Some people have a gift when it comes to finding their way. They can look at a map and know exactly where to go, without re-re-rechecking a dozen times. Others can find their path even after decades. My father, for example, can give accurate directions to some places they haven't been in upwards of thirty years.
I do not have that gift, because while not all who wander are lost, I usually am. I have the third-worst sense of direction in the world (the first belonging to my mother, and the second to a friend). I've literally gotten the wrong state lost before.
Hey, they say not all who wander are lost, but I usually am. And that's okay for two reasons.
First, you can avoid being late due to lostness (the primary issue that comes with my navigational inability) by leaving early. This one simple trick of padding the time you need to travel somewhere can prevent lateness, even if your GPS dies the first time you take the long, eight-hour drive home from college by yourself (hypothetically speaking). Another concern is safety (naturally) as it grows dark (and if you live on the east coast, deer with poor senses of self-preservation appear) and/or you end up in strange neighborhoods. In strange neighborhoods, you can move through them quickly (the obvious solution) but the extra time helps when there are deer everywhere and you have to go slow.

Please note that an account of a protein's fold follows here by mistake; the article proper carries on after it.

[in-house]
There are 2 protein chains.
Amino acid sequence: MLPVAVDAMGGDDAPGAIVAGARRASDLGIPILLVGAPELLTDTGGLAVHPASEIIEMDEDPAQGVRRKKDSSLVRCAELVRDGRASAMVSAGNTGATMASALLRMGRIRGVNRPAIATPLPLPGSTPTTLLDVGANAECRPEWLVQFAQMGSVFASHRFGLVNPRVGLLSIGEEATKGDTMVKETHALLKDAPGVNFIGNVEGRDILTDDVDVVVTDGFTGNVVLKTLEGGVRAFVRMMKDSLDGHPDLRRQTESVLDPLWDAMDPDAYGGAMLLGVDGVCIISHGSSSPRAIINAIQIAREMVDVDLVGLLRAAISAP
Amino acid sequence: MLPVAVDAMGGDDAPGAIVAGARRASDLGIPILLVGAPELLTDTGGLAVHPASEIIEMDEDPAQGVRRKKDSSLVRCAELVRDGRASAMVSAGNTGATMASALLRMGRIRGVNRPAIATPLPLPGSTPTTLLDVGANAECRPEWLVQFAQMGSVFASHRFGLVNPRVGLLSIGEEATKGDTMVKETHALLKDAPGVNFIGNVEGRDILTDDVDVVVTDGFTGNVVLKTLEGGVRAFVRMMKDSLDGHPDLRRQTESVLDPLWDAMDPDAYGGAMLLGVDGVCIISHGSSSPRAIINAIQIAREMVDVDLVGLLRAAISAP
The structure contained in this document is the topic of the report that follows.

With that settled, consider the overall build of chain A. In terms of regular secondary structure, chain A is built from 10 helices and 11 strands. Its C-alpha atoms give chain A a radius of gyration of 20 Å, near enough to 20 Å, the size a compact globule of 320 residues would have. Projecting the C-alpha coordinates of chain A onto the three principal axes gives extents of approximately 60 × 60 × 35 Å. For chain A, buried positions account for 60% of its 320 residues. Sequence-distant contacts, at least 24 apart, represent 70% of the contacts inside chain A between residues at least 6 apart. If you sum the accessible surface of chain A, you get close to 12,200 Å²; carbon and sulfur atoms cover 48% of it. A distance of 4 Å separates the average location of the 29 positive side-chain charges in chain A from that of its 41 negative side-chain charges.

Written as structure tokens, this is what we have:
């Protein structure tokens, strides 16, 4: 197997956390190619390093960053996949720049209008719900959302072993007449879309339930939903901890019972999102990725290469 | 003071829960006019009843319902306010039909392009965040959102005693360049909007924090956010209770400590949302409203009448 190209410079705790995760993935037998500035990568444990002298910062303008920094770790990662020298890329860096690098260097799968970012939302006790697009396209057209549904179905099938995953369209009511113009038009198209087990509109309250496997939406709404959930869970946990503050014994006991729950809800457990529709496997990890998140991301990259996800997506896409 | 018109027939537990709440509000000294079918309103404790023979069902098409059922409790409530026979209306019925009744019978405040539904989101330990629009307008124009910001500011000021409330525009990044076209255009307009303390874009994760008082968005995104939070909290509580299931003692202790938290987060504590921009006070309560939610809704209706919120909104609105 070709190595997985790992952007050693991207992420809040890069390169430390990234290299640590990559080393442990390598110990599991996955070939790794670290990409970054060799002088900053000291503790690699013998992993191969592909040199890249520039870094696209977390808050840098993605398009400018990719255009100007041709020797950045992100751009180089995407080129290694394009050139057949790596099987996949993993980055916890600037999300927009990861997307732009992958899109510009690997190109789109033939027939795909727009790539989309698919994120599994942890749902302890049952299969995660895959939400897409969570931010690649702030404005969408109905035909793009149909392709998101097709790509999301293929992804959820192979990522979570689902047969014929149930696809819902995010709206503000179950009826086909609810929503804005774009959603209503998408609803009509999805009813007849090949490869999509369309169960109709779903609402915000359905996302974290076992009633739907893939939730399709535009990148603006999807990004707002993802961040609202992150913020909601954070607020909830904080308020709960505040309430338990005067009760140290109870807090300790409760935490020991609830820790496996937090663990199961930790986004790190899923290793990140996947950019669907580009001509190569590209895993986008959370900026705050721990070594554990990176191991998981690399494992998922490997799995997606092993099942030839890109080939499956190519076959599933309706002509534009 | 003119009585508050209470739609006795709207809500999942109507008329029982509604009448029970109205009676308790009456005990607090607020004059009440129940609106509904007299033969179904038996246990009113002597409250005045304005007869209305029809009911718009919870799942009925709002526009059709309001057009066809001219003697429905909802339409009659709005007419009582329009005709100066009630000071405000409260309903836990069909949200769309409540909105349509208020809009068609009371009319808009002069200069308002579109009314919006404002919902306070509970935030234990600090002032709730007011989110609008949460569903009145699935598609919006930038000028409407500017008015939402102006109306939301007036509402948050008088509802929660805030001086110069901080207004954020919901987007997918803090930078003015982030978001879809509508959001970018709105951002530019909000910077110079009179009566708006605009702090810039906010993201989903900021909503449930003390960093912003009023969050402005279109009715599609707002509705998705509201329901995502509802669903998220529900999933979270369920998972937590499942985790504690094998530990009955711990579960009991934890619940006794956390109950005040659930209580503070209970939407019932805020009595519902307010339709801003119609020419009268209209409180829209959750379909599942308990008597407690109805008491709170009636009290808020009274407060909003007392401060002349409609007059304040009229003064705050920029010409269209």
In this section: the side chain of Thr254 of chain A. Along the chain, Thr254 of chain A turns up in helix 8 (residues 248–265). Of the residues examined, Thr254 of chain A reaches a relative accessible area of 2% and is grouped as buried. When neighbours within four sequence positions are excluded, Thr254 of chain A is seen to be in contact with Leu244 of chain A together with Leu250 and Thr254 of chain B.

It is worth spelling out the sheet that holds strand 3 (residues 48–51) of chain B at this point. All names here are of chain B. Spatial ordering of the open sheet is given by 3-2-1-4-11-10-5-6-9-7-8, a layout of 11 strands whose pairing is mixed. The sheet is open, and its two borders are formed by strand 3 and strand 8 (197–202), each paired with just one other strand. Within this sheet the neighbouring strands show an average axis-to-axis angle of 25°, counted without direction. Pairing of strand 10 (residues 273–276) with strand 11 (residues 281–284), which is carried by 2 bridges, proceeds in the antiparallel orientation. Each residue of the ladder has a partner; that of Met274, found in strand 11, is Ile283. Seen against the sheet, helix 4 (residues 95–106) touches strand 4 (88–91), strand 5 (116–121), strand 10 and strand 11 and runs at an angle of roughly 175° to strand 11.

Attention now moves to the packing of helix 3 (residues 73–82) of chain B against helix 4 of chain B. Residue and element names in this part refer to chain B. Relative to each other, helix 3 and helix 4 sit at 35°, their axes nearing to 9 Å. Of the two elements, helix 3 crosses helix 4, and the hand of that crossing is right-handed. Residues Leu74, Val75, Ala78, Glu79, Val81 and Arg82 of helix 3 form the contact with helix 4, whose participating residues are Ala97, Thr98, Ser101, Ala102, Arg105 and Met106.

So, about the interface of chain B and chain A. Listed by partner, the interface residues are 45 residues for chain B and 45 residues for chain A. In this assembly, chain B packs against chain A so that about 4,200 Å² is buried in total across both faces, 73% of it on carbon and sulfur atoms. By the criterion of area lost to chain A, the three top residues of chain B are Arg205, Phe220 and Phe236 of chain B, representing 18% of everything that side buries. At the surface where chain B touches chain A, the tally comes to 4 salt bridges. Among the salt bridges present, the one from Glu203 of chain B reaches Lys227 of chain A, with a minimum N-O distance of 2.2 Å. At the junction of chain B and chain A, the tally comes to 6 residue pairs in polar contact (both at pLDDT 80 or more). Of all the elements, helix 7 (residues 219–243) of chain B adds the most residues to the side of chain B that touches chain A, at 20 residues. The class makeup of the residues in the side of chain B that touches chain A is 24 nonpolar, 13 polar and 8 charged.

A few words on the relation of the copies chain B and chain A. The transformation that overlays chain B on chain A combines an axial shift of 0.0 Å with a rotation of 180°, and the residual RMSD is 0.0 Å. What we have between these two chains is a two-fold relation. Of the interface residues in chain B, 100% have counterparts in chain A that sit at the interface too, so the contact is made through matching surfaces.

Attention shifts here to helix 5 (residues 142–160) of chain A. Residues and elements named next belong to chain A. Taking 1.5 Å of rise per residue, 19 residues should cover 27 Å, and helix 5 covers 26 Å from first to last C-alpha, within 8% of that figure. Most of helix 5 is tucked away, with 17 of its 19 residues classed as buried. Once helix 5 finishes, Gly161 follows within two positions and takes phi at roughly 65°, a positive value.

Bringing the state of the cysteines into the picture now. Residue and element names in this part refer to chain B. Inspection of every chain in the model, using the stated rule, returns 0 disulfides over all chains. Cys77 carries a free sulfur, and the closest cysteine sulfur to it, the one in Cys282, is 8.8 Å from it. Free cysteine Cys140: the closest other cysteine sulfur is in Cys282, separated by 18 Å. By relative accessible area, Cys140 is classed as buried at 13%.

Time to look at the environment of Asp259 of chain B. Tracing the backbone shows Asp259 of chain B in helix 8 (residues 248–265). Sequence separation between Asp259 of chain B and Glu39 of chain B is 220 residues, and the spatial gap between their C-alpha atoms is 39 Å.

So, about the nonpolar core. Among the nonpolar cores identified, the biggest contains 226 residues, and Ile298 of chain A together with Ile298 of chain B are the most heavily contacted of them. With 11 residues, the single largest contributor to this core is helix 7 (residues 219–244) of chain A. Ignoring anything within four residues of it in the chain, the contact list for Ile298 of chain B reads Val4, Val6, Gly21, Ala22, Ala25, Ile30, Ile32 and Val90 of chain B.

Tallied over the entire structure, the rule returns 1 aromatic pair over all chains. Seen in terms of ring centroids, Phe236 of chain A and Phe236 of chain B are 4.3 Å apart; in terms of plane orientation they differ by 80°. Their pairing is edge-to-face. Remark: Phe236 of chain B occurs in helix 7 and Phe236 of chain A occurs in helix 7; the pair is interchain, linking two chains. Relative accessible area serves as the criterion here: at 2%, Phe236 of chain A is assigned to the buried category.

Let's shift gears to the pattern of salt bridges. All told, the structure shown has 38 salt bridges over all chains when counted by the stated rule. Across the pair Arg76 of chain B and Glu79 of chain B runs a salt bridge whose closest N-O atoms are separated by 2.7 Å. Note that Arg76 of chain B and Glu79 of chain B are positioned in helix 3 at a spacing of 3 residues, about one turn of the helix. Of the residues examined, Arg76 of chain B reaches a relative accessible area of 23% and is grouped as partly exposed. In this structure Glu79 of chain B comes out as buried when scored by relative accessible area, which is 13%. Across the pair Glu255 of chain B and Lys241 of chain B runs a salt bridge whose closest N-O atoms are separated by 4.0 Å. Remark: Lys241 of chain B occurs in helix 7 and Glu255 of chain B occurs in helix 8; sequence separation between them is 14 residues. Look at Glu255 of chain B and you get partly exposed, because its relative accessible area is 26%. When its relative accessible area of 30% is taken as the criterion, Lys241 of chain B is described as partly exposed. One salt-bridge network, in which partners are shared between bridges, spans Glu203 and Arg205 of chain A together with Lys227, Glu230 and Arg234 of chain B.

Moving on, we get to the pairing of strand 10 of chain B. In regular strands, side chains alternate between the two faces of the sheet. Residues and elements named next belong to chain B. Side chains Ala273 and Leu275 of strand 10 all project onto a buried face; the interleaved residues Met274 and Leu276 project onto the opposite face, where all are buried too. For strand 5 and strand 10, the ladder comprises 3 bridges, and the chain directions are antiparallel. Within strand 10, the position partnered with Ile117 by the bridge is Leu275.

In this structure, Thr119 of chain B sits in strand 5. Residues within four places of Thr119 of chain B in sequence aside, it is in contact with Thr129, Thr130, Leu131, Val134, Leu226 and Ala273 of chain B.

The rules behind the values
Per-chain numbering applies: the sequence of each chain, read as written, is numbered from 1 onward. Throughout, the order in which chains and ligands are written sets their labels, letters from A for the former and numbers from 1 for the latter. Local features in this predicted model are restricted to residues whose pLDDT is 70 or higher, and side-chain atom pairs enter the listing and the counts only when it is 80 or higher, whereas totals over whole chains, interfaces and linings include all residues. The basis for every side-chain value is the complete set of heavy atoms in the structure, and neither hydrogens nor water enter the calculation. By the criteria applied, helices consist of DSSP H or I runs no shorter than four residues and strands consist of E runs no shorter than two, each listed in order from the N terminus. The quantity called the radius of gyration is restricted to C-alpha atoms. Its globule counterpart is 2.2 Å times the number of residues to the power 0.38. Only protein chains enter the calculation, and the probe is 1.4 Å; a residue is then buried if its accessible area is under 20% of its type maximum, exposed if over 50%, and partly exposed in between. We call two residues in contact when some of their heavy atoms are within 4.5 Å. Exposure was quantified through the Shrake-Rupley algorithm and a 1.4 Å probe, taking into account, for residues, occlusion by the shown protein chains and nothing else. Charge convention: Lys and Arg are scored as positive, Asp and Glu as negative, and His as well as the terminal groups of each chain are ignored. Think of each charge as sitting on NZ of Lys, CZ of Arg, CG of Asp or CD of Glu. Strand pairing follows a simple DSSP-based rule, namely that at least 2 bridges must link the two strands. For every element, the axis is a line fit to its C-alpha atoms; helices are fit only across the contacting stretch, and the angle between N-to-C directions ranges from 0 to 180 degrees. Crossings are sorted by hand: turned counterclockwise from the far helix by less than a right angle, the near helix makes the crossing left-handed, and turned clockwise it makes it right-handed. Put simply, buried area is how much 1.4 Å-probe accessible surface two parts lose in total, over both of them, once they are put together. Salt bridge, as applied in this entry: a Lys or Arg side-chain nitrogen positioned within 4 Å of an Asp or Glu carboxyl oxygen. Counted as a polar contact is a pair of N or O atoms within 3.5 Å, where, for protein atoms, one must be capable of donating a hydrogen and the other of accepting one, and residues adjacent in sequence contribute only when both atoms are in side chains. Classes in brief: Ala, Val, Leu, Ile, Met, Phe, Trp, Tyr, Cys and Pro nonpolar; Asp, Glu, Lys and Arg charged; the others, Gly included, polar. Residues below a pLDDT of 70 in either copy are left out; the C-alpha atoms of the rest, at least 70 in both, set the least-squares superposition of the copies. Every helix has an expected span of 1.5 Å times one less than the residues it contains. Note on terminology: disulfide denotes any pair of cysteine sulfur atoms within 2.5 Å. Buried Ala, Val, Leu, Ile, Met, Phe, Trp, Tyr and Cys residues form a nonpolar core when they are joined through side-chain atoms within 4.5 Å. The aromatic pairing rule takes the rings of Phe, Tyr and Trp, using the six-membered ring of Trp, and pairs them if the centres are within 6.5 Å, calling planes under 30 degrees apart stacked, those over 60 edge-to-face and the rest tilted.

Secondly, and more importantly, you can have all sorts of strange and unusual adventures when you get lost. If you have nowhere to be immediately then getting lost can actually be a ton of fun. By getting lost, I've managed to stumble upon interesting museums, trains, parks, trail, stores, flea markets and so much more.
If I had a good sense of direction, I would miss out on so many adventures.
So if you're like me and can't navigate well, that's okay. It may just lead to an adventure you wouldn't have otherwise had.